May Contain / @_maycontain
"Always go with your gut instinct. If you feel the staff or waiter doesn’t understand how serious your allergy is, don’t eat there. If they don’t understand, try and speak to the head chef so there is is no break down in communication between the waiter and chef. It’s really important to listen to your gut feeling, it’s helped me a lot over the years."
Amanda Orlando, Everyday Allergen-Free / @everydayallergenfree
"When I was younger, I felt really out of place because I knew my allergies made me different than my peers. But my parents always told me that it's better to do things your own way anyways; to create your own path. Although I really struggled as a teen and young adult, in regards to self consciousness about my allergies, the ideal they had reinforced really stuck and was always at my core. Instead of trying to run away from having autoimmune disease, I decided to embrace it! Living with a positive attitude has been so important. Focus on the good, on what you CAN have, and how you can alter situations or experiences to work for you."
Brittany, MPH, RD, LDN, CLT / @thefoodallergydietitian
"I remember when my daughter was diagnosed with her peanut allergy at ten months old, I felt such guilt and sadness for what her future would look like. I cried over how this would change our lives– dining out, traveling, her future school experience, birthday parties. All of it. A year later she was diagnosed with tree nut allergies after a reaction to cashews while I was pregnant with my second child. Three months later, my son was born. A few weeks into breastfeeding him, we learned he had Food Protein Induced Enterocolitis Syndrome (FPIES), a form of food sensitivity. Even though I’ve been a Registered Dietitian Nutritionist for nine years, I honestly was not aware of the differences between food allergies and food sensitivities and how they can present differently and require different approaches to management. I went on a strict elimination diet of the top 8 allergens plus corn and all gluten. After a month of following this diet, I was able to slowly add back in one food allergen at a time and narrow down his sensitivities to milk protein, soy, and eggs. I continued to eliminate these 3 food allergens from my diet for the 10 months that I exclusively pumped for him. He has now outgrown his egg and milk sensitivity and able to eat these foods regularly as a toddler. However, he has food allergies to fish and some tree nuts. Through this experience, I learned so much about the importance of gut health and inflammation as it relates to food allergies and food sensitivities. During this window of time my daughter started her first year of preschool with her peanut and tree nut allergies. I worked with the school director and teachers to create a safe snack list for her classroom so that she wouldn’t have to bring in a separate snack every school day. In two weeks she’ll have her last day of school and I could literally cry over how wonderful the other parents have been with respecting her dietary needs. All so that she can have a normal school experience. I share all of this to say that I know the journey can feel really challenging managing food allergies in a toddler (or multiple children). Yes, there are and will be adjustments that need to be made – in the form of diet modification, advocacy, education, and A LOT of planning ahead. But along the way, there can be purpose in all of it as a food allergy mom– bringing awareness, supporting moms in similar situations, sharing stories with families with new food allergy diagnoses. For me personally, having these experiences with both of my children has helped me to find my purpose as a Registered Dietitian Nutritionist. To help support, encourage, and educate mothers in similar situations who are looking for nutrition guidance while breastfeeding and for their children. When we’re able to look at our situation from a different perspective, we’re able to find more of the meaning, hope, and joy in the journey."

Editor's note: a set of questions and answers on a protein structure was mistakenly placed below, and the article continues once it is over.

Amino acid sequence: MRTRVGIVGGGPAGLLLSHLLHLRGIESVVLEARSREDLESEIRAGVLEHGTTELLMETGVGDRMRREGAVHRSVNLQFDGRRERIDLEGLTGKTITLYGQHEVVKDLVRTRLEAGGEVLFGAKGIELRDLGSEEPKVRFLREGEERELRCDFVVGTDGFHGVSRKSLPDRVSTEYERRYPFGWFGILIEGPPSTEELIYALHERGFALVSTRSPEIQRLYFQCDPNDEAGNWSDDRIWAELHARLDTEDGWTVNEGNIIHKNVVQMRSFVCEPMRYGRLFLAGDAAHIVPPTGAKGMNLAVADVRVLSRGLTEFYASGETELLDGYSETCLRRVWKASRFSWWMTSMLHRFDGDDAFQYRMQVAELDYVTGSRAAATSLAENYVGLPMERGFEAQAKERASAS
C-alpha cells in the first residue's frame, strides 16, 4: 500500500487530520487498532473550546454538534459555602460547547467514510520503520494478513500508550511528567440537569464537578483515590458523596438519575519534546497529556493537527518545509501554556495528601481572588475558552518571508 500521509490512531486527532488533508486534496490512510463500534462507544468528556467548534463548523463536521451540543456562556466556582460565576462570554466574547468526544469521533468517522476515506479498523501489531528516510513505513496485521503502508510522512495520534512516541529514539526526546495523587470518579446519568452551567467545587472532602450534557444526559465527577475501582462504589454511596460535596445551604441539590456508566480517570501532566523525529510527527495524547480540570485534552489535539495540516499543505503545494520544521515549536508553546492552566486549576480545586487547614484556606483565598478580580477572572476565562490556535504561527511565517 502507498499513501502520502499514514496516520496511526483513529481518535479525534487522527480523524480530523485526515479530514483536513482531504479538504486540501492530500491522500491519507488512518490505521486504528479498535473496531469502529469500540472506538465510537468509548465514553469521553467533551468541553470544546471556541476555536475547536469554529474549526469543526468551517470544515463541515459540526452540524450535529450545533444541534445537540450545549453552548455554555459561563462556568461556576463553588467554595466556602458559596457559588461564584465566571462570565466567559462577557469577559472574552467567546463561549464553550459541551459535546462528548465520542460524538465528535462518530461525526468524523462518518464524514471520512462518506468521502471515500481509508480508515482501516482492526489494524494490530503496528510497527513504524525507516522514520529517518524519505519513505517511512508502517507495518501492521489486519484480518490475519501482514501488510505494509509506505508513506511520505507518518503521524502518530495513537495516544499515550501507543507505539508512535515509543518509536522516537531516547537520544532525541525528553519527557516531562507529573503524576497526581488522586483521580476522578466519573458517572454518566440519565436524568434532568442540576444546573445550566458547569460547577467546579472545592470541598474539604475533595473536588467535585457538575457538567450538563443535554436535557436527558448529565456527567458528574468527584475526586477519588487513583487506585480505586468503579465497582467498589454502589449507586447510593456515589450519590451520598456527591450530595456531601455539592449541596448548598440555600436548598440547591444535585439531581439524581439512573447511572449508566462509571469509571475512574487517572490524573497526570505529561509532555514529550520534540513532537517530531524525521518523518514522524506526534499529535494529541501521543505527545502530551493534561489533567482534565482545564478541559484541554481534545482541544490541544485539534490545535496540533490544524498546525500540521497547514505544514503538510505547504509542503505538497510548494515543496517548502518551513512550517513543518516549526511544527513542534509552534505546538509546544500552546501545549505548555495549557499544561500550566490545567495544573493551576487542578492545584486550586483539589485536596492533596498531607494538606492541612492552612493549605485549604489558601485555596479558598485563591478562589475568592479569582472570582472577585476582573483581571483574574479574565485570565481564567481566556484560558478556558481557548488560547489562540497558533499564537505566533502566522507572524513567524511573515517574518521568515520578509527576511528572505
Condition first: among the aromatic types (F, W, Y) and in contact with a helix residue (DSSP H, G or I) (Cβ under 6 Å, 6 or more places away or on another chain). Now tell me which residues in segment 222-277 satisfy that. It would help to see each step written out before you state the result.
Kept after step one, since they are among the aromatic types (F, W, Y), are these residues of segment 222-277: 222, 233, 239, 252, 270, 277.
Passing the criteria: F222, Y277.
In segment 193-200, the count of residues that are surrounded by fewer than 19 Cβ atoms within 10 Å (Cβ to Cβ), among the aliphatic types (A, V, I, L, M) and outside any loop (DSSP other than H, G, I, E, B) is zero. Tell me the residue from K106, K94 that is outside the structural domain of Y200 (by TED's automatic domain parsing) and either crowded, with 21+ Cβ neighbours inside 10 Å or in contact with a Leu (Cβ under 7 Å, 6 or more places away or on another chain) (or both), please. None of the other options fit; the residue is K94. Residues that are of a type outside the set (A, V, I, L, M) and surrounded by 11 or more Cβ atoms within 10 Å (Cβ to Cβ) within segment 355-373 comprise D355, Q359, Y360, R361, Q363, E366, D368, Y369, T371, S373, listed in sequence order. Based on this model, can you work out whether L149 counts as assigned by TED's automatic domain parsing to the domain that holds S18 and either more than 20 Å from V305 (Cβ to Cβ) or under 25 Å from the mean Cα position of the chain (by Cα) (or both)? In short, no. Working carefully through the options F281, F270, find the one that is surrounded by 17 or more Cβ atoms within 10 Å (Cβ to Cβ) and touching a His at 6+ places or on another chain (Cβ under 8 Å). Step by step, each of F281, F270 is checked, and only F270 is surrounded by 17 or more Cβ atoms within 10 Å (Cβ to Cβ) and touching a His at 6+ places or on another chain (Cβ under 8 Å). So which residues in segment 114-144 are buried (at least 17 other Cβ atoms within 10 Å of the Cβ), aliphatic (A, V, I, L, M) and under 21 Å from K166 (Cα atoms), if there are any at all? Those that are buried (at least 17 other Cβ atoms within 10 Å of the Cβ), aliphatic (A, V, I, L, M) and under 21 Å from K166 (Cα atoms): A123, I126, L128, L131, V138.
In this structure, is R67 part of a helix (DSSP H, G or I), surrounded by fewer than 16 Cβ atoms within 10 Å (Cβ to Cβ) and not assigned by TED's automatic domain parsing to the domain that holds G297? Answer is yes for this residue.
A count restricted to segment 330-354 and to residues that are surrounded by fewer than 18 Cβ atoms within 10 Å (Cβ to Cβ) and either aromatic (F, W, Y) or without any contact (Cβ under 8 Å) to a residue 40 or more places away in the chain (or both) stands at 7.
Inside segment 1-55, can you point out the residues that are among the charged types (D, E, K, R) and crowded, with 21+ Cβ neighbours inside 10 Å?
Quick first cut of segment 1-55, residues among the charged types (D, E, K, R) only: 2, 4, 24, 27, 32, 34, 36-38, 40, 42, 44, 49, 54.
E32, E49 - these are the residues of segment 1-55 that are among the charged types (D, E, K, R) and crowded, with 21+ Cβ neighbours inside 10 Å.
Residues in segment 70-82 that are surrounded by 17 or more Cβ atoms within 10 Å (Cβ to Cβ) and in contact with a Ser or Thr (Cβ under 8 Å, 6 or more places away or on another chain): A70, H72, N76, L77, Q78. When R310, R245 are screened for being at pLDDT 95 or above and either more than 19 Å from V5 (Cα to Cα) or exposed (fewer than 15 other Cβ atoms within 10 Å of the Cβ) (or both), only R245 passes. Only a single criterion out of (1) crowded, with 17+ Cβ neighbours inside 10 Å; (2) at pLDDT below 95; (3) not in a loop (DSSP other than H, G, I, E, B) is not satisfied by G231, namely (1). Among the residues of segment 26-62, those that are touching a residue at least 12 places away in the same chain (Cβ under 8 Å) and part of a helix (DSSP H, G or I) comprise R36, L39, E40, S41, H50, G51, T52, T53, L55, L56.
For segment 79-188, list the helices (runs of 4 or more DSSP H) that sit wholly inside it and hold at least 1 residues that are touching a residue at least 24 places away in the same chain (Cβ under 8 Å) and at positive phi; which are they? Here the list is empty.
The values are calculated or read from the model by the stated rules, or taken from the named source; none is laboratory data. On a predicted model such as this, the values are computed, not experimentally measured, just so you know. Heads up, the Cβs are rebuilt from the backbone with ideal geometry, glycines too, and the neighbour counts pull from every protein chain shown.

Thank you to all of the food allergy bloggers who have shared pieces of their story.